An interview with author and mom Theoni Bell

When I met Theoni Bell online, I felt like I’d found a kindred spirit. We’re both homeschooling moms, Catholic converts, and history buffs with degrees in writing who are trying to tell stories about the saints. While my first saints books have been nonfiction, Theoni has written historical fiction about the first Marian Apparition in North America. I thoroughly enjoyed reading The Woman in the Trees and was excited to chat more with Theoni about writing, books, and motherhood.

an interview with author and mom Theoni Bell

TKM: Tell us a bit about Theoni Bell!

Theoni: I converted to Catholicism in my twenties. I was entirely spirit-led, knowing nothing about the history or theology of the Catholic Church. I had simply decided to start praying daily to God, Whom I had been introduced to as an Evangelical in my childhood. After a few months of praying, the week of Easter, I stumbled into my first Mass on the intuition that I should enter a church I saw lit up on a hill while I was driving home.

Naively, I took the Eucharist that night, which brought lectures from my friend in the seminary. The following Easter, I was initiated into the Church. After meeting my husband, we moved from our midwest home to Canada and then to California. We have 4 children, with one in heaven, and I homeschool using Charlotte Mason methods. I have a master’s degree in journalism, so fiction writing is an exciting new art form for me!

TKM: Tell us a bit about The Woman in the Trees.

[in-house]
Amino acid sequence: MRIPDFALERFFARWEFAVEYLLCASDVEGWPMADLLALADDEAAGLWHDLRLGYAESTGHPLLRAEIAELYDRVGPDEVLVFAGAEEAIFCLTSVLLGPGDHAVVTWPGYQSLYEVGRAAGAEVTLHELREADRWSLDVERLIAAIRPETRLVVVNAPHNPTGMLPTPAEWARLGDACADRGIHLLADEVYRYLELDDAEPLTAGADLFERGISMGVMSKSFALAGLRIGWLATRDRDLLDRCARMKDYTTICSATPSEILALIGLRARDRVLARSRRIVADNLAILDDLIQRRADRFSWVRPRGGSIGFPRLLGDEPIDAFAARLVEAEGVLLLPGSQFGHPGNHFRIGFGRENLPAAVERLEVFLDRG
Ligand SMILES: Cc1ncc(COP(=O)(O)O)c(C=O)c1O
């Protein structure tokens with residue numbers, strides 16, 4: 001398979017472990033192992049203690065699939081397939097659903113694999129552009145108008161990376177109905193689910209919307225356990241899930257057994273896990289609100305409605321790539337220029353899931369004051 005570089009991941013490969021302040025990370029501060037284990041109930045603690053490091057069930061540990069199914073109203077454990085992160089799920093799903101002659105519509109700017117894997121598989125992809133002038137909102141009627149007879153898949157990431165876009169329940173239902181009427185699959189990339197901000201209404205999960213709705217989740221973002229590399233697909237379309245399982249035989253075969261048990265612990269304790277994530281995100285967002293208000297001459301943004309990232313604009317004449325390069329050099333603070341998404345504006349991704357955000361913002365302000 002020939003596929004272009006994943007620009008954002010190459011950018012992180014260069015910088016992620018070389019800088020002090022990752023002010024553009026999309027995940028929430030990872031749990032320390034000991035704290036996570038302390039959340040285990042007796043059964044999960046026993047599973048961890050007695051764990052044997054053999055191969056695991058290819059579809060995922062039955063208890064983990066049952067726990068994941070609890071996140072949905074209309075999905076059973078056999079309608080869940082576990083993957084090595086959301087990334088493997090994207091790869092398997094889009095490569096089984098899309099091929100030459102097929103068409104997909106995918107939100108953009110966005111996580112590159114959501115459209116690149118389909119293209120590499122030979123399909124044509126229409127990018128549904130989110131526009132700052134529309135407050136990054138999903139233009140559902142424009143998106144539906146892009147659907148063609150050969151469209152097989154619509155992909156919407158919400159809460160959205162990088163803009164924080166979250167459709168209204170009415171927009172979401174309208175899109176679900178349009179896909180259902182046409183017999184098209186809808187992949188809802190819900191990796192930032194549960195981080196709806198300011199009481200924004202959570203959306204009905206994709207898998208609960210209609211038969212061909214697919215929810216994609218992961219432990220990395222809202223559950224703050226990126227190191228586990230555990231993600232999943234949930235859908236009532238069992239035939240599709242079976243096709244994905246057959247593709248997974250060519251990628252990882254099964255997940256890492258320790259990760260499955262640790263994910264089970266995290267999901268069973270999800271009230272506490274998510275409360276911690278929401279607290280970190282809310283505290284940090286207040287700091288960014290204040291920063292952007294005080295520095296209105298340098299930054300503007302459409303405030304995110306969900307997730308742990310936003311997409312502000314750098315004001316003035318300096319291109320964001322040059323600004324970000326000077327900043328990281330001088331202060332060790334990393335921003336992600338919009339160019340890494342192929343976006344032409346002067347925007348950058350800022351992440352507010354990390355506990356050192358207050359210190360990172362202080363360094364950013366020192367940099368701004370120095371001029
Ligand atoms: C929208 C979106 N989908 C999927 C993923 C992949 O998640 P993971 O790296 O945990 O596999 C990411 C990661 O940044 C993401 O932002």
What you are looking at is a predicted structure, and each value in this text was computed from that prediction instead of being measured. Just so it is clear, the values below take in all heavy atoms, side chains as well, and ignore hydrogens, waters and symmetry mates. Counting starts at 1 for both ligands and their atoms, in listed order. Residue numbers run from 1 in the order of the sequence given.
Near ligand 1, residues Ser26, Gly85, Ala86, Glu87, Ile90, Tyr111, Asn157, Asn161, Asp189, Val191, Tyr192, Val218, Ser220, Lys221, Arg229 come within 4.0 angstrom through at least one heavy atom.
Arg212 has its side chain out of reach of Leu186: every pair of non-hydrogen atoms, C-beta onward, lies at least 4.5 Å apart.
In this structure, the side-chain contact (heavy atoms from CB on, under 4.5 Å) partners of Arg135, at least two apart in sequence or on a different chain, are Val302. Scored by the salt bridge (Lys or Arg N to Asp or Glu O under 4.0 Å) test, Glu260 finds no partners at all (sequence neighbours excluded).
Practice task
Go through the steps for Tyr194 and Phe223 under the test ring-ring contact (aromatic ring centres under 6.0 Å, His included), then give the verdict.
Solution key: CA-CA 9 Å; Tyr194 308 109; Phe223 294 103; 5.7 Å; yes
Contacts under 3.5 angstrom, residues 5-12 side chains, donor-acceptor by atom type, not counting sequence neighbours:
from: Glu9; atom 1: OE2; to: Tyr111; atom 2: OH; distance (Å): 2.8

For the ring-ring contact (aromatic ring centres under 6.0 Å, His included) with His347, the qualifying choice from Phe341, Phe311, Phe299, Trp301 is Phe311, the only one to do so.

Theoni Bell: Early in my work on The Woman in the Trees, I began to pray the Our Lady of Good Help novena every time I sat down to write and made sure I had been to confession. Responses to the book have shown me how many facets Our Lady snuck into it.

From one point of view, it’s about a pioneer girl longing for her mother’s love and struggling with the loss of a loved one, while discovering the faith through the seer of an apparition. It’s also about the physical and spiritual survival of an immigrant community in the face of America’s most devastating wildfire. One father said he felt convicted to be a better spiritual leader after reading it. A reviewer said she wept as she read it, realizing things about her relationship with her own unbelieving mother. Children have been fascinated by the fire and pioneer life. In the end, though, the word I’ve heard most in reviews is “hope.” That warms my heart.

TKM: What inspired you to write The Woman in the Trees ?

Theoni: I never planned to write a novel. I had given up writing to focus on educating my children, and I was content. Then, in 2012, we visited the Shrine of Our Lady of Good Help. In the crypt, we petitioned Our Lady for another child and that my husband would be accepted into the graduate program that had wait-listed him. Three months later, my husband started his program in Vancouver, and we were expecting our son. This began my devotion to Our Lady of Good Help.